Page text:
I had one box that the clues said to look for the triangle of three oaks... we looked & looked...(a bit confused, I must say,) and almost gave up until this one person found it much to our surprise! When we asked where it was she pointed to a triangle of 2 pines & an oak...she admitted she didn't know the the difference! I guess it shows that sometimes too much knowledge can be a detriment also....LOL!
~C~
Re: Tree types in clues
Board: Yakking It Up
Reply to: #63719 by Chunna
Jan 16, 2007 1:52pm
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I LOVE using tree types in clues - even in winter (evil laugh!). And I have to confess, I had a rather intensive forestry class in college and had to learn types, latin name, bark, tree shape (w/o leaves). Muuwaahahahaha!!

But, I do keep it simple for people who are not forest experts....... :-)) And, there is a very nice series of laminated card ID guides - closed they are about the size of a folded road map, and they unfold to reveal the info. Very easy to carry in a backpack, if tree names are necessary. I can look up the publisher if needed - they are available at most major bookstore chains (B&N, Books a Million, etc) and outdoor stores. We have some for insects and butterflies.

Mama Fox
Re: Tree types in clues
Board: Yakking It Up
Reply to: #63807 by The Little Foxes
Jan 16, 2007 4:14pm
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Quote I LOVE using tree types in clues - even in winter (evil laugh!).


Letterboxing taught me to recognize trees, first by their leaves and then during winter by their trunks. I now find that is the easiest way to tell them apart no matter what the season - by their trunks :-)

YT
Re: Tree types in clues
Board: Yakking It Up
Reply to: #63875 by The Yorkshire Tortoise
Jan 16, 2007 4:35pm
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Okay, so I have 3 books...

One is the Peterson Field Guide, one is the National Audobon Society and the one in the series of 9 books is the Golden Nature Book (made by golden press)

Believe me when I say they are all fairly outdated, (copyright early 70's) but really, how much have trees changed since then.
Re: Tree types in clues
Board: Yakking It Up
Reply to: #63807 by The Little Foxes
Jan 16, 2007 8:51pm
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That looks like a very evil laugh. Now I know how to spell that one. Will have to add to my short-cuts on word.
Re: Tree types in clues
Board: Yakking It Up
Reply to: #63696 by Big Ox and the Herd
Jan 17, 2007 11:32am
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Quote
It'd be a dang long letter if it was Fangorn! First 10 pages just to say "Dear Sir".

HA! Snort!
*rolls off chair*
then the next 700 to say a "letterbox is by my roots"

kwm
Re: Tree types in clues
Board: Yakking It Up
Reply to: #63618 by IrishRef
Jan 17, 2007 3:06pm
Board
Yes, a few times. Here in Washington, it's mostly been the birch/aspen confusion when I've come across a tree identity problem. (Hmm, are there any tree psychologists out there?) I just end up figuring, "Well, okay, I've tried all of the birches, let's start looking at aspens..."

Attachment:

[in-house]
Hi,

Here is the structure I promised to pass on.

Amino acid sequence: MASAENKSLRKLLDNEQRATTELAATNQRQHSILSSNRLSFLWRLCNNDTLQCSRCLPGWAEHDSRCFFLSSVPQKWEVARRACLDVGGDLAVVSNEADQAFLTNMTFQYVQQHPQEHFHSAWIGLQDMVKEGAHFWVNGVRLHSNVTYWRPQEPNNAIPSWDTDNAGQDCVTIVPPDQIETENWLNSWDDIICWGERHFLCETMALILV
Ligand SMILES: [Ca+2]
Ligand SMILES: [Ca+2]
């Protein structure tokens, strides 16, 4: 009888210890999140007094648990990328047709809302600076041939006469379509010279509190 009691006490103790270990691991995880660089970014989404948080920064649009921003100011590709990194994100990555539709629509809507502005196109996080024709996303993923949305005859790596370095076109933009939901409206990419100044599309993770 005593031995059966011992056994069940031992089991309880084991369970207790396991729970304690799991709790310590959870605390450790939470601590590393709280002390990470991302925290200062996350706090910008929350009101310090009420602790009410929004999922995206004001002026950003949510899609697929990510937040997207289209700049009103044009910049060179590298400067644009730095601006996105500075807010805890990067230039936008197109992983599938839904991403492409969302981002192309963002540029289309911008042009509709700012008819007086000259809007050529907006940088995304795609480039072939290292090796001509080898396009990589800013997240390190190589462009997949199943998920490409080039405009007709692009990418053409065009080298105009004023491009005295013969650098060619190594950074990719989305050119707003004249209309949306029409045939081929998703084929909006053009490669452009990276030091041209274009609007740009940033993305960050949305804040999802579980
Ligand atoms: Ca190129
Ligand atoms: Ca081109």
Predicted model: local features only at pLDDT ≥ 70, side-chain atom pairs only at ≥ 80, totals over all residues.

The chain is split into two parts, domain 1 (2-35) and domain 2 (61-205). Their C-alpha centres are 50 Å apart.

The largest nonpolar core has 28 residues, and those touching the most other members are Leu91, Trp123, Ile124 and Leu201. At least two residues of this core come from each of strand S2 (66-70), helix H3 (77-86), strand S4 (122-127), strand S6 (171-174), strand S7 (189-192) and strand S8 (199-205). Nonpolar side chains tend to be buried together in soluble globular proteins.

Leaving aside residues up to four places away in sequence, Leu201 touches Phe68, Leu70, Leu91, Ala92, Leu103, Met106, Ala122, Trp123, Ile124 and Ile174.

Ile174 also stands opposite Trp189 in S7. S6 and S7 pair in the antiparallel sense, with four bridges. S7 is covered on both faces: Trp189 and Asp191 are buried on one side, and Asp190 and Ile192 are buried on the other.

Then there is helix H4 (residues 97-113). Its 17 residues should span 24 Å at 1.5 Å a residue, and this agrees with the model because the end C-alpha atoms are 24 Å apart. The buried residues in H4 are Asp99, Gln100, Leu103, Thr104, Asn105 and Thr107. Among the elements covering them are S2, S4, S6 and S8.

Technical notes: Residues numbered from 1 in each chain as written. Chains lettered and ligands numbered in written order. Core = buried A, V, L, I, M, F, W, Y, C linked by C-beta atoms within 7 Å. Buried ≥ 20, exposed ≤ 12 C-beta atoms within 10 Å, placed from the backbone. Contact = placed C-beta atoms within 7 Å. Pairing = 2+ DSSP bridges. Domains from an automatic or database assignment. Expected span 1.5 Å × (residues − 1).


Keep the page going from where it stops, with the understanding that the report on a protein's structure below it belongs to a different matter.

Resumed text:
I figure that if I'm going to include a tree type in a clue, I'll try to make darned sure beforehand that I know what kind of tree I'm talking about.

Pied Piper
Re: Tree types in clues
Board: Yakking It Up
Reply to: #63618 by IrishRef
Jan 17, 2007 3:16pm
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I am in tree sales for a living. This can even be challenging for some that do this for a living such as myself. I have been dying to do in depth clues tied to tree identification but I am afraid that it won't appeal to the general letterboxing public.

The other concern is regional common names. The same plant may be known by 5 or 6 names depending on what region you are in.
Re: Tree types in clues
Board: Yakking It Up
Reply to: #64230 by The Mudmonkeys
Jan 18, 2007 10:17am
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Quote The other concern is regional common names. The same plant may be known by 5 or 6 names depending on what region you are in.


Maybe when we mention trees in our clues, we should give the Latin name. :-)

Pied Piper
Re: Tree types in clues
Board: Yakking It Up
Reply to: #64467 by Pied Piper
Jan 18, 2007 2:37pm
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I sooooo want to do that!
Re: Tree types in clues
Board: Yakking It Up
Reply to: #63643 by Nitrocat
Jan 18, 2007 4:18pm
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I would have to agree here. Miss labled tree names. Which didn't "effect" me, but caused my DH to spend more time then needed looking for a particular box! Should have taken 5-10 mintues and took over 30! :o) Coarse this was his first solor trip out too with the kids...that could be thye major reason!
Re: Tree types in clues
Board: Yakking It Up
Reply to: #63618 by IrishRef
Jan 18, 2007 4:36pm
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boy have we had trouble. When the leaves have fallen, unless it's an evergreen, how do you tell? And sometimes they get the tree name wrong. I try to avoid tree names, and use unusual shapes for trees instead.
Chickadee (of JR&C)
Re: Tree types in clues
Board: Yakking It Up
Reply to: #64587 by Jolly Roger and Chickadee
Jan 18, 2007 4:44pm
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I have really liked some of the creatice ways that lb'ers have used to describe trees in our travels (ie: Kneeling tree, Tree with Devil horns, etc.) It can be way to hard to identify a tree unless your pro. Even a tree that is used in a landscape can take on a different appearance in a woodland setting.
Re: Tree types in clues
Board: Yakking It Up
Reply to: #64589 by The Mudmonkeys
Jan 25, 2007 8:56am
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or the tree that "looks like a butterfly"???? 45 minutes of looking for this species made me realize i need more imagination.

deniserows
and probably needs bifocals